Why Security Is All About Copies

In this second section on basic Axioms, we overview methods for achieving privacy in terms of our interpersonal communication(s). Building on the security definitions established in the first section; we hereby characterise privacy as being concerned primarily with exposed-copies of the communicated datum (+ meta-data). Therefore cybersecurity vulnerabilities may be mitigated by social restriction—and protection—of such copies.

A second goal of this section is to list and classify, plus compare and contrast, the different kinds of threats, potential exploits and attack-vectors/surfaces/windows that may exist for a digital point-to-point communication system.

In simple terms we can characterise private communication as being concerned primarily with protection of ownership right(s) for datum-copies—or management of safe: storage, transfer and social-access for replicated datum(s) (+ meta-data).

Formula For Absolute Security

Once we recognise that any potential copy has to be either—a primary, secondary or tertiary one—then we can develop a formula for what we might term absolute security.

Absolute security—for a point-to-point communication instance—is the replication of a single instance (or primary-copy) of a private-datum from one socially restricted access-node to another [Axiom 12] [ref. Absolute Security:TARGET]. In other words, it is the single-copy-send of a datum from one party to another; whereby no—socially accessible—nth-party copies exist whatsoever (hopefully persistently—or on a long-term basis).

Likewise we can define partial/absent security as the existence of any unprotected—or nth-party accessible— primary/secondary/tertiary datum-copies [Axiom 13].

Both of these metrics—absolute and partial/absent security—are mutually-exclusive true/false values for any act of communication. It is obvious that just because a datum-copy has (apparently) been communicated with absolute security at one epoch; then that does not mean that such a status will necessarily be permanent.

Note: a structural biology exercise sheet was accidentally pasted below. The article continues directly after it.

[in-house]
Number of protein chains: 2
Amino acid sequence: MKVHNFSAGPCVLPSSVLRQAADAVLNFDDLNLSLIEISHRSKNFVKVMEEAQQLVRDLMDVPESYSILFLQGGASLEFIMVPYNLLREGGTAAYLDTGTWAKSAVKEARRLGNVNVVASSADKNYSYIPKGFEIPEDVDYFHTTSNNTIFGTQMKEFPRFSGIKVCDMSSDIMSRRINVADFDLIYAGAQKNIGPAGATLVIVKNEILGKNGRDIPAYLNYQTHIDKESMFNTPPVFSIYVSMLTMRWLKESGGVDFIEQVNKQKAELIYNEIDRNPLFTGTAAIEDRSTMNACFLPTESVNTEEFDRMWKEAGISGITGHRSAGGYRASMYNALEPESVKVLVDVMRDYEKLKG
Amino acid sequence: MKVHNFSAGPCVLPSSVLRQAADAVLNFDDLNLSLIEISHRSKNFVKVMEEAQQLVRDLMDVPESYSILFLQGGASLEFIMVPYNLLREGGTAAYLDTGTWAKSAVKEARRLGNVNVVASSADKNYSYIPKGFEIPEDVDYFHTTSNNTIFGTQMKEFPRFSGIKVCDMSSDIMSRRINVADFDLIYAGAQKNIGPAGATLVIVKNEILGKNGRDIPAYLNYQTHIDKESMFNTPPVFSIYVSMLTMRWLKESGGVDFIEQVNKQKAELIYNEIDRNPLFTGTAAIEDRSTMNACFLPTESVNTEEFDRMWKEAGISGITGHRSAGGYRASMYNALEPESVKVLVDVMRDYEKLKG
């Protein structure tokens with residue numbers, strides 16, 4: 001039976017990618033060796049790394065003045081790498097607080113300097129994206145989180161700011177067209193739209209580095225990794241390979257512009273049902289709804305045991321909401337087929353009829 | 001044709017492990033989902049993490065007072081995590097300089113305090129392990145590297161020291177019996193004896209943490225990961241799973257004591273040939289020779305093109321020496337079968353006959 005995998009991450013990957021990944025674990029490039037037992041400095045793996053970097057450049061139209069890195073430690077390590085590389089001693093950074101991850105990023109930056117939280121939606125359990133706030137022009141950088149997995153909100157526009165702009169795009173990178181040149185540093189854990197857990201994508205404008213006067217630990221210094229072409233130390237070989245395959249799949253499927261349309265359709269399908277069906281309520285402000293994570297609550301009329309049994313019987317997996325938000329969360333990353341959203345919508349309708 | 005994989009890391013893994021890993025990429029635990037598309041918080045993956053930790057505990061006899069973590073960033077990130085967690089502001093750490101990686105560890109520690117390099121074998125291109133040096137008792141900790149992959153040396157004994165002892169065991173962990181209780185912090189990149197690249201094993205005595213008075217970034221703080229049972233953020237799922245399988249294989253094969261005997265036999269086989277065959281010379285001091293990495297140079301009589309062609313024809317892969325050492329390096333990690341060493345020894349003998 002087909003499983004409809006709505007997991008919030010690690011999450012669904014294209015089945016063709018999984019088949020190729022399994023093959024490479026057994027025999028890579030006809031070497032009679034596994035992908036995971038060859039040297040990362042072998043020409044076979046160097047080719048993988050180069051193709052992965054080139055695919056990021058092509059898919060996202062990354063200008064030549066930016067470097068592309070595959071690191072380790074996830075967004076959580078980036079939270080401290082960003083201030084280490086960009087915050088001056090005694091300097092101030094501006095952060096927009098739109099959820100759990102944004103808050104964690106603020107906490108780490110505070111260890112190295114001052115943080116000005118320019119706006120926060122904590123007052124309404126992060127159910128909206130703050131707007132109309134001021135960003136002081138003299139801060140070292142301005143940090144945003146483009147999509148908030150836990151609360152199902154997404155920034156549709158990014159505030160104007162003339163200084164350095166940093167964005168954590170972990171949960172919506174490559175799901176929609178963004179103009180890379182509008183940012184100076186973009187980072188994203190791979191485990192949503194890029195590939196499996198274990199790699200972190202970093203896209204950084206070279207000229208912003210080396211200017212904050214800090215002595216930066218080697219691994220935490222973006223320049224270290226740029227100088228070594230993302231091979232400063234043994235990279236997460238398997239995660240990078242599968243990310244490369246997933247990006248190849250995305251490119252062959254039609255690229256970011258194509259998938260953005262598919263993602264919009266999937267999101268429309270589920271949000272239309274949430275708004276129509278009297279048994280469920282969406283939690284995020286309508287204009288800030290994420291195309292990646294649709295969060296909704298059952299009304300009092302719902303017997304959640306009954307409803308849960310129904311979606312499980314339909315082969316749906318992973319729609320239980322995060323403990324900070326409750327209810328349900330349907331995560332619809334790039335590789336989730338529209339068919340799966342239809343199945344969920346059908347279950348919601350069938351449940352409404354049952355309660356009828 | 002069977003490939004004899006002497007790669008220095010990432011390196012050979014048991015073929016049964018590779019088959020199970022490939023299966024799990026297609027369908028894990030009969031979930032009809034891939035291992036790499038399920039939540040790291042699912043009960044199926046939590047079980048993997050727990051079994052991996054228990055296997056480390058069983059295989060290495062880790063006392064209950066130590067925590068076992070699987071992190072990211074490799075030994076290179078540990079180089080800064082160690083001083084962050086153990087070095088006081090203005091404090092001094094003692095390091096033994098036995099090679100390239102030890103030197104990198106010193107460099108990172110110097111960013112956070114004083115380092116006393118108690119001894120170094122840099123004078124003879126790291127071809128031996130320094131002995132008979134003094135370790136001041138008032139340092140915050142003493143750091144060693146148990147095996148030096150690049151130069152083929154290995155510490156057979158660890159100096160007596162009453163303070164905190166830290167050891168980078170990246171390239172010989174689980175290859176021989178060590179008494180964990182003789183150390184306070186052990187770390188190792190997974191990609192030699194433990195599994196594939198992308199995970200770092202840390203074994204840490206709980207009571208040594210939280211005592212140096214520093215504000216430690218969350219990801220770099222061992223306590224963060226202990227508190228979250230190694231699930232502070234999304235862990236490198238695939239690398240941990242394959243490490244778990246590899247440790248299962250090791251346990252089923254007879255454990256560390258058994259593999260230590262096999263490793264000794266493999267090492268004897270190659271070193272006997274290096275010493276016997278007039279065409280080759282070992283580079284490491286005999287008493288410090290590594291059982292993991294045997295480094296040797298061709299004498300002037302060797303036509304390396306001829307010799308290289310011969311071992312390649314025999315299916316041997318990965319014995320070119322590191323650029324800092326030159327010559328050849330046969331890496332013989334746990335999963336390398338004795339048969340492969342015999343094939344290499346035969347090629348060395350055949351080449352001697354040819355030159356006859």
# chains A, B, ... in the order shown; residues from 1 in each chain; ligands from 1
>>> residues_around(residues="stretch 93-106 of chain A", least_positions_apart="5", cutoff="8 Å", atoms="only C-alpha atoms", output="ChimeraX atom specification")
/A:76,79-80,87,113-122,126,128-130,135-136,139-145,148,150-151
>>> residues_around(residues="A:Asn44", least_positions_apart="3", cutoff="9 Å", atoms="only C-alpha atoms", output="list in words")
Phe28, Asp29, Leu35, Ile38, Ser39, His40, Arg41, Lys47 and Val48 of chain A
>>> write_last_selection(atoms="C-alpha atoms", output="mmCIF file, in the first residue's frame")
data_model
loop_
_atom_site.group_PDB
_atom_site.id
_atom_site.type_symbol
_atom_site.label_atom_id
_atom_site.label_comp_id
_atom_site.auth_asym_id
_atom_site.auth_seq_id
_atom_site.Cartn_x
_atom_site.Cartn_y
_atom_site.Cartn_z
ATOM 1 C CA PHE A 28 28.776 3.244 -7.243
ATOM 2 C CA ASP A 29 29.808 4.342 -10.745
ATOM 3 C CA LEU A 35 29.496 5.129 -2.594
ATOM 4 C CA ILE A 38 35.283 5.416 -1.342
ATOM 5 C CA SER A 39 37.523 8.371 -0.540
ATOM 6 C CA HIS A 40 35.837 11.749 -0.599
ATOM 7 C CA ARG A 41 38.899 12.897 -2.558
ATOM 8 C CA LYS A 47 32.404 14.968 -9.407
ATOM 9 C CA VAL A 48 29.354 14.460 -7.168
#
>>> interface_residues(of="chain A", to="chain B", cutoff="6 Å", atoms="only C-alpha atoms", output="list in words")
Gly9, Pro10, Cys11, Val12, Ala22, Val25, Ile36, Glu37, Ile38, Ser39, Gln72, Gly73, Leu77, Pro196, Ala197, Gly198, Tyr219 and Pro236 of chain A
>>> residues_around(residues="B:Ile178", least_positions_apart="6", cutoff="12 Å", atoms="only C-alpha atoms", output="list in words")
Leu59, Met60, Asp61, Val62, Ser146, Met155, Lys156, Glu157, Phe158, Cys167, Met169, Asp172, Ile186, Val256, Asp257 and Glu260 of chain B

Digital Media

Digital-media are electronic media used to store, transmit and receive digitised information; and may refer to any media that has been encoded in a machine-readable format. Digital-media—or simply media—can be created, viewed, distributed, modi ed and preserved on computers.

For our purposes we have compartmentalised media into three types: storage, transfer and access [Axiom 14].

Form And Content

A datum is a discrete pattern of meaning that may be transferred between minds (network access-nodes). A datum-copy is a particular instantiation of a datum’s pattern—that exists inside or (potentially) outside of a point-to-point communication system.

A copy has two primary aspects: firstly form (the encapsulating format)—or media of storage, communication/ delivery, and access; and secondly content (a representation with metrical, descriptive and selectional aspects) [Axiom 15].

Creation of a datum-copy involves instantiation of form in place and time (i.e. illustration of content in the real and/or virtual worlds—and ultimately in a human mind). A datum-copy has a natural owner—often the sender/creator of the datum [Axiom 16]. Ownership rights include protection of social access (e.g. secrecy, privacy, openness) for the copy—in terms of who can see, know and/or change the content and/or form of the copy (ref. new owner(s)/user(s)) [Axiom 17].

When we speak of—a datum-copy being hacked and/or a data-breach/system-exploit occurring—that is defined as unwarranted social access to the informational content of the datum (i.e. loss/change of privacy status) [Axiom 18].